WK180-CFrom there, the backing plate is withdrawn and brings with it the two guide rods for the recoil springs. Then the bolt can be pulled to the rear, allowing the charging handle to be removed, which allows the bolt to be pulled out the back. That gives unfettered access to the bolt assembly, which isn’t nearly as important as on an AR, since the gas-piston operation of the WK180-C means the bolt stays remarkably clean. The barrel, on the other hand, is important to service regularly as it is not chromed, melonited, or otherwise treated inside. So a swab with your preferred solvent and an oily patch down the bore is highly recommended after shooting or taking the WK180-C afield.

Shooting the WK180-C

At the firing line, the gun’s lively feeling doesn’t go away with a fresh magazine in the magwell. Due to the gun’s rearward weight balance and very small-diameter handguard it simply feels small; closer to a 10/22 than the average AR-15.

WK180-CLoading the gun’s a bit different from the average AR-15 as well, as the backwards angle of the bevelled magazine well means you tend to guide the magazine in on the spine rather than nosing it in, and the lack of bolt release means you’ll need to grab the charging handle and rack it in order to bring the gun into battery. On the plus side, the bolt handle is ambidextrous, so at least grabbing it won’t be too hard regardless of if you’re right- or left-handed. We sort of wish Kodiak had opted to go with the upward-bent charging handle of the original AR-18 though, in order to facilitate “over-the-top” manipulation of the bolt. Oh, and it is a bit of a pain to stick your finger inside the magazine well in order to activate the bolt-catch during cease-fires, but besides getting a dirty finger it’s hardly a problem worth dwelling on.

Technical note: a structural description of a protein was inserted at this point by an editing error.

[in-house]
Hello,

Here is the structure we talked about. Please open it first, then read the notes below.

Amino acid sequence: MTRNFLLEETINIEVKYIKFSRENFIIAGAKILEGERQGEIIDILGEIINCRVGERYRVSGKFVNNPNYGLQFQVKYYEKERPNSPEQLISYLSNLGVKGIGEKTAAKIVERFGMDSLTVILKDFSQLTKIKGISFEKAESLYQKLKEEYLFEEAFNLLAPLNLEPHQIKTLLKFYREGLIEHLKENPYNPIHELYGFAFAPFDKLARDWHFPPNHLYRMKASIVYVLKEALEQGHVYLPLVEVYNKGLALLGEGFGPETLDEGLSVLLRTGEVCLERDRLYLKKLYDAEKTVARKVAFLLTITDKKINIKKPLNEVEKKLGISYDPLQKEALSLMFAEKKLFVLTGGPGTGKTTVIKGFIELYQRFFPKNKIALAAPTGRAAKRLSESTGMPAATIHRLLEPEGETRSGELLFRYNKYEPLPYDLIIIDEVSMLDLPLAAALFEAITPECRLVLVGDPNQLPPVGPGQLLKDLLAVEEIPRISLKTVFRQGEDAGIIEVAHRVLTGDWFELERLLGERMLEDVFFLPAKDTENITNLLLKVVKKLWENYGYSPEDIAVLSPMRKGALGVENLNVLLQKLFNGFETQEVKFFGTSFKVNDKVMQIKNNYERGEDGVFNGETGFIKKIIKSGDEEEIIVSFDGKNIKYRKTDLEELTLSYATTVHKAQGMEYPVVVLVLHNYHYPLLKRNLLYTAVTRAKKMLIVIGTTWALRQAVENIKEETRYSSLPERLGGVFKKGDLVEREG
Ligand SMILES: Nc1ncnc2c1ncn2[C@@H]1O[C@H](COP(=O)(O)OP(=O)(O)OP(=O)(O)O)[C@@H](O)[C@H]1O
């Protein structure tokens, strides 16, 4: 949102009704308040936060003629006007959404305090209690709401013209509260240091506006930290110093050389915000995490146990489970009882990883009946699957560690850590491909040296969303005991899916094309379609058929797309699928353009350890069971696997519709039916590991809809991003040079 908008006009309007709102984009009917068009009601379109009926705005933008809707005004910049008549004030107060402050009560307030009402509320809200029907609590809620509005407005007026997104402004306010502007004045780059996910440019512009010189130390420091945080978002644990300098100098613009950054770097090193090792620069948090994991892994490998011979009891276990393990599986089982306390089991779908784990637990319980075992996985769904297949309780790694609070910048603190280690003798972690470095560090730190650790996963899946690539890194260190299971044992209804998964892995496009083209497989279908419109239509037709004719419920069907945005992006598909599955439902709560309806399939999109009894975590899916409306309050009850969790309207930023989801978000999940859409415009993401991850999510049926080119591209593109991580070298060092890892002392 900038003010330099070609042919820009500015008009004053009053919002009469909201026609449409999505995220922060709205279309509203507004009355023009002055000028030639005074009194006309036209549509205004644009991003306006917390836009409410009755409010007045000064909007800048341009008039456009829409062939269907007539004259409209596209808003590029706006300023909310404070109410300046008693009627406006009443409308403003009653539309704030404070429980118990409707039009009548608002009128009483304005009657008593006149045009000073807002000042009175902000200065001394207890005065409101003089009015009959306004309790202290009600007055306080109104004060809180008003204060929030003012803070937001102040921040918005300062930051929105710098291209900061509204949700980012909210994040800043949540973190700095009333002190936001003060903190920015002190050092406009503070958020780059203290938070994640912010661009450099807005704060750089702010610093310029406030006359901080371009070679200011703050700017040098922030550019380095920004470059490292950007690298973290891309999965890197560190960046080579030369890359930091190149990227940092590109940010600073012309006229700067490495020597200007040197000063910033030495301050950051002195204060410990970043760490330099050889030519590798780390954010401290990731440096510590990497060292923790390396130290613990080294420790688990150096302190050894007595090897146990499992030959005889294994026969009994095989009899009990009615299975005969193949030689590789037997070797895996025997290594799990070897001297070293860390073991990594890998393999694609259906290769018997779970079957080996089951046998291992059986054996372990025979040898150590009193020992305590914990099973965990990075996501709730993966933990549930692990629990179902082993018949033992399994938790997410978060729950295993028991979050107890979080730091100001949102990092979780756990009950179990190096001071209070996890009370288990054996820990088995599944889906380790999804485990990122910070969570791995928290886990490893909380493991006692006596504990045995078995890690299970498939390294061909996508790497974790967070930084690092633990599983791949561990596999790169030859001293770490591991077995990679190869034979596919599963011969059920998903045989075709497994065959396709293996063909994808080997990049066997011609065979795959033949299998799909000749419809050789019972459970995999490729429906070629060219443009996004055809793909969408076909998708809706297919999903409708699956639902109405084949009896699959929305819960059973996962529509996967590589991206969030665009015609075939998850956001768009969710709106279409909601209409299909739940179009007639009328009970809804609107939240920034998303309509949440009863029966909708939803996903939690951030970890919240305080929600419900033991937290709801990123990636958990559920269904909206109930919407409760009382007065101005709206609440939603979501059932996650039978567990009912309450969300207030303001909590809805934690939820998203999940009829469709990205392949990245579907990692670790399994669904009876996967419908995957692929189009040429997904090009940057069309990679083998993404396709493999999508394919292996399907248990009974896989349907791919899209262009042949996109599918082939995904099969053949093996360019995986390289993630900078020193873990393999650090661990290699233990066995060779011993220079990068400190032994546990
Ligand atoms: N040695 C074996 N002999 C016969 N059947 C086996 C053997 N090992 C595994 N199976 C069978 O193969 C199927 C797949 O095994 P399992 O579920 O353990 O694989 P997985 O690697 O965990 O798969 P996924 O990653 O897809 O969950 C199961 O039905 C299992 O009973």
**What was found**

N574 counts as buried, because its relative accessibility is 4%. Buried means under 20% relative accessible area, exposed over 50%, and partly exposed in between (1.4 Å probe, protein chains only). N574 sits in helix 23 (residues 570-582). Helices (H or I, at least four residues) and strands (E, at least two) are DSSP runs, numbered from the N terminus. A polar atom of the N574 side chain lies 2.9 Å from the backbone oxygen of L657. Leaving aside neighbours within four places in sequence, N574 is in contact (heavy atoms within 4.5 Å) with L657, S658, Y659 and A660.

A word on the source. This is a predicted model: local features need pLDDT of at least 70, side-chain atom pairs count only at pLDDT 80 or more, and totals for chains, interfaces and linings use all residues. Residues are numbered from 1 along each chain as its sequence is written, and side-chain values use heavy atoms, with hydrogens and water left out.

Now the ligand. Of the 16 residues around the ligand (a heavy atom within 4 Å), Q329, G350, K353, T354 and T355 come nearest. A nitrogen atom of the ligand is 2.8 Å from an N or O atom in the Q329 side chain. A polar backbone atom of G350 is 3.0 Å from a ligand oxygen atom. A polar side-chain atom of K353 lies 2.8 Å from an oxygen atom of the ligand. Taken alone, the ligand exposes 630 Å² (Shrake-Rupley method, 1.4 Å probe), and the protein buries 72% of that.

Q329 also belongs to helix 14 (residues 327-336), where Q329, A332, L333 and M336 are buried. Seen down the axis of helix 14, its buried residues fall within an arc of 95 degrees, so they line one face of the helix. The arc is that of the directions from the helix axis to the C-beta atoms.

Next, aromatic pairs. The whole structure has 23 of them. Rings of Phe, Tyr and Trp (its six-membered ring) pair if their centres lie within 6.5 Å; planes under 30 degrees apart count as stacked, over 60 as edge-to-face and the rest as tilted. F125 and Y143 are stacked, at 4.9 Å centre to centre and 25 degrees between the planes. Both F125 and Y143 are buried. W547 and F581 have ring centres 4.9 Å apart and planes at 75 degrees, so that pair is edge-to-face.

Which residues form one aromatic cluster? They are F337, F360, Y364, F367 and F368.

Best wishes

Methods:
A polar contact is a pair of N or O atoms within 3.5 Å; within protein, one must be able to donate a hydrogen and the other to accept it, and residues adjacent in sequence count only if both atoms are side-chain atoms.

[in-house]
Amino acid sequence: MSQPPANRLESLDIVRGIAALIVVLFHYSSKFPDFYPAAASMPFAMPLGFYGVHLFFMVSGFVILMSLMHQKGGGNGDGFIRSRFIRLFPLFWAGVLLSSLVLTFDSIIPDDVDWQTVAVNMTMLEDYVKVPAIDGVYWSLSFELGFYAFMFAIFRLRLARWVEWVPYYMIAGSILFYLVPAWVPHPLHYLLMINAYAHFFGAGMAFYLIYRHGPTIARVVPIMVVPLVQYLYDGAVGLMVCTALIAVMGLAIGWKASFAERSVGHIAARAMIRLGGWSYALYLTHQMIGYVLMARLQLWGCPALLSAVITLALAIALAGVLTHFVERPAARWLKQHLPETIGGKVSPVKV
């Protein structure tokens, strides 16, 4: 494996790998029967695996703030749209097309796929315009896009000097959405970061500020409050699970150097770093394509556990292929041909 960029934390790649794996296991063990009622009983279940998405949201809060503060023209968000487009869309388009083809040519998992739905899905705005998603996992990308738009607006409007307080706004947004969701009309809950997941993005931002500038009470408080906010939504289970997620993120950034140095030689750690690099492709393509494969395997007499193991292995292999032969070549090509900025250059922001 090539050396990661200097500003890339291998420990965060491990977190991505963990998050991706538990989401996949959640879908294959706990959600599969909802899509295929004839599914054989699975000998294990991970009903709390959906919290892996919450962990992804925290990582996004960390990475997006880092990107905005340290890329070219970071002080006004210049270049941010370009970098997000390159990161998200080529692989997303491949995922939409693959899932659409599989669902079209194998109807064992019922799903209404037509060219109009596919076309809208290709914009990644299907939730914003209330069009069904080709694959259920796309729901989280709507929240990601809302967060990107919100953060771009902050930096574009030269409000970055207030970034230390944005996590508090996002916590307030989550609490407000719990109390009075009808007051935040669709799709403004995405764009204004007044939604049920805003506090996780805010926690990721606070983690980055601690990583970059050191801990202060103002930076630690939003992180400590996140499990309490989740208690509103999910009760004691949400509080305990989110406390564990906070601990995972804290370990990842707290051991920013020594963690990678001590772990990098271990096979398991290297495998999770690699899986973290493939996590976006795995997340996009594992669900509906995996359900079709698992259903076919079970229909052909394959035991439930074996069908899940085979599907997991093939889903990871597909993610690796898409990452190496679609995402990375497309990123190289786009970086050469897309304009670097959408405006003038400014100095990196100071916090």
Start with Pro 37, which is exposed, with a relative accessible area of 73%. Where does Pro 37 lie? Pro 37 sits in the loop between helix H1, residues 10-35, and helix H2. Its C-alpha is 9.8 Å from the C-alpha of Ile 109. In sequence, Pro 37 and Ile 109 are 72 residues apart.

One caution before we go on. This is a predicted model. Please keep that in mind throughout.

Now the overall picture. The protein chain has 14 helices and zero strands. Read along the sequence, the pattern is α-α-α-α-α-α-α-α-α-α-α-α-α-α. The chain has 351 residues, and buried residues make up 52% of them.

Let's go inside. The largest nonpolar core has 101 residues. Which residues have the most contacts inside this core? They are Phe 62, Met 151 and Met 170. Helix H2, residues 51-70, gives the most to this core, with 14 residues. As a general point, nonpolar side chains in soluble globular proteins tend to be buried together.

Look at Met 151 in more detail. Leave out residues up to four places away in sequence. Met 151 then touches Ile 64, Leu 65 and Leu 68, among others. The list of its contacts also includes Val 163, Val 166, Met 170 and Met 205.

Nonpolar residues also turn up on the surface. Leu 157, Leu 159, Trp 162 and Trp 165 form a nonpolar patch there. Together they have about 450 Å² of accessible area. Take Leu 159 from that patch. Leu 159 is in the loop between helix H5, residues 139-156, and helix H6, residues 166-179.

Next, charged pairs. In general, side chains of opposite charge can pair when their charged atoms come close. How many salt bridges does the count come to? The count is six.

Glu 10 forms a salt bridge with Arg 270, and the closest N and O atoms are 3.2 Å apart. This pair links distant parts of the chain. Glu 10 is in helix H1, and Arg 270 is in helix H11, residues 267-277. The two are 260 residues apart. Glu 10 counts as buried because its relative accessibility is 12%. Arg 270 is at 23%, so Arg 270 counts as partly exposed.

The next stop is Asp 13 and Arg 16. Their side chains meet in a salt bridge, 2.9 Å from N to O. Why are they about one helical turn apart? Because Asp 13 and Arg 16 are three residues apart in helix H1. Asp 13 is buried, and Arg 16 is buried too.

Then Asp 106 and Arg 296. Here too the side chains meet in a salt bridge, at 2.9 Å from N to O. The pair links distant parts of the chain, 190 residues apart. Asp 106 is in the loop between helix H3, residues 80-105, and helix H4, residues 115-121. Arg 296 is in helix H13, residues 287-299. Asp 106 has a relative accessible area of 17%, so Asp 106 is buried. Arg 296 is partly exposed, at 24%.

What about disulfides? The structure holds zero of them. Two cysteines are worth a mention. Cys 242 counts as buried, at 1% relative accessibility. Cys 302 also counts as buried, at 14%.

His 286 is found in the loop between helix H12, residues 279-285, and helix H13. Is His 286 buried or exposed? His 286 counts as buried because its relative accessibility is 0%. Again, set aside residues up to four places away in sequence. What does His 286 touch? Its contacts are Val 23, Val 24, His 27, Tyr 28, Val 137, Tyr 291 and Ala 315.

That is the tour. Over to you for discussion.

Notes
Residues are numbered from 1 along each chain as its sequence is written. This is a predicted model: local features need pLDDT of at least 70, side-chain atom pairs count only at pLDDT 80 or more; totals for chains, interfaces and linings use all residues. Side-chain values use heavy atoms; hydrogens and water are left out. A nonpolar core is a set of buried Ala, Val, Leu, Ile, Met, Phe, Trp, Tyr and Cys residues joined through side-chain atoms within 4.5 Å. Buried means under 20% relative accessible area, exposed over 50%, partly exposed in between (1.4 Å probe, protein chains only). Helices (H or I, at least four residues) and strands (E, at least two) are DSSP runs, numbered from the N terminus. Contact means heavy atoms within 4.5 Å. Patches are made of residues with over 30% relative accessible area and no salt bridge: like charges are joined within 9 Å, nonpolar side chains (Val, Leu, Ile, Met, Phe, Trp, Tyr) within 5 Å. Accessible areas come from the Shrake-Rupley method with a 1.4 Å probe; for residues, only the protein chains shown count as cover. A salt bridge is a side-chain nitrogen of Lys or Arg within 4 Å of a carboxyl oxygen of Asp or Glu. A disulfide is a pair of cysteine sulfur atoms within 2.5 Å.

WK180-CWe used magazines from C-products, Lancer, a variety of Magpul Pmags, as well as aluminium and MFT polymer LAR-15 magazines and encountered no problems. In fact, the only problem we had with a magazine was when the magazine stop on one of the included Hera magazines rolled over slightly. This created a situation where the magazine could be over-inserted, tripped the bolt catch on the magazine’s spine, and locking the bolt open. It could be a softer polymer than the other polymer mags we used, or perhaps we were just a bit too ham fisted with it.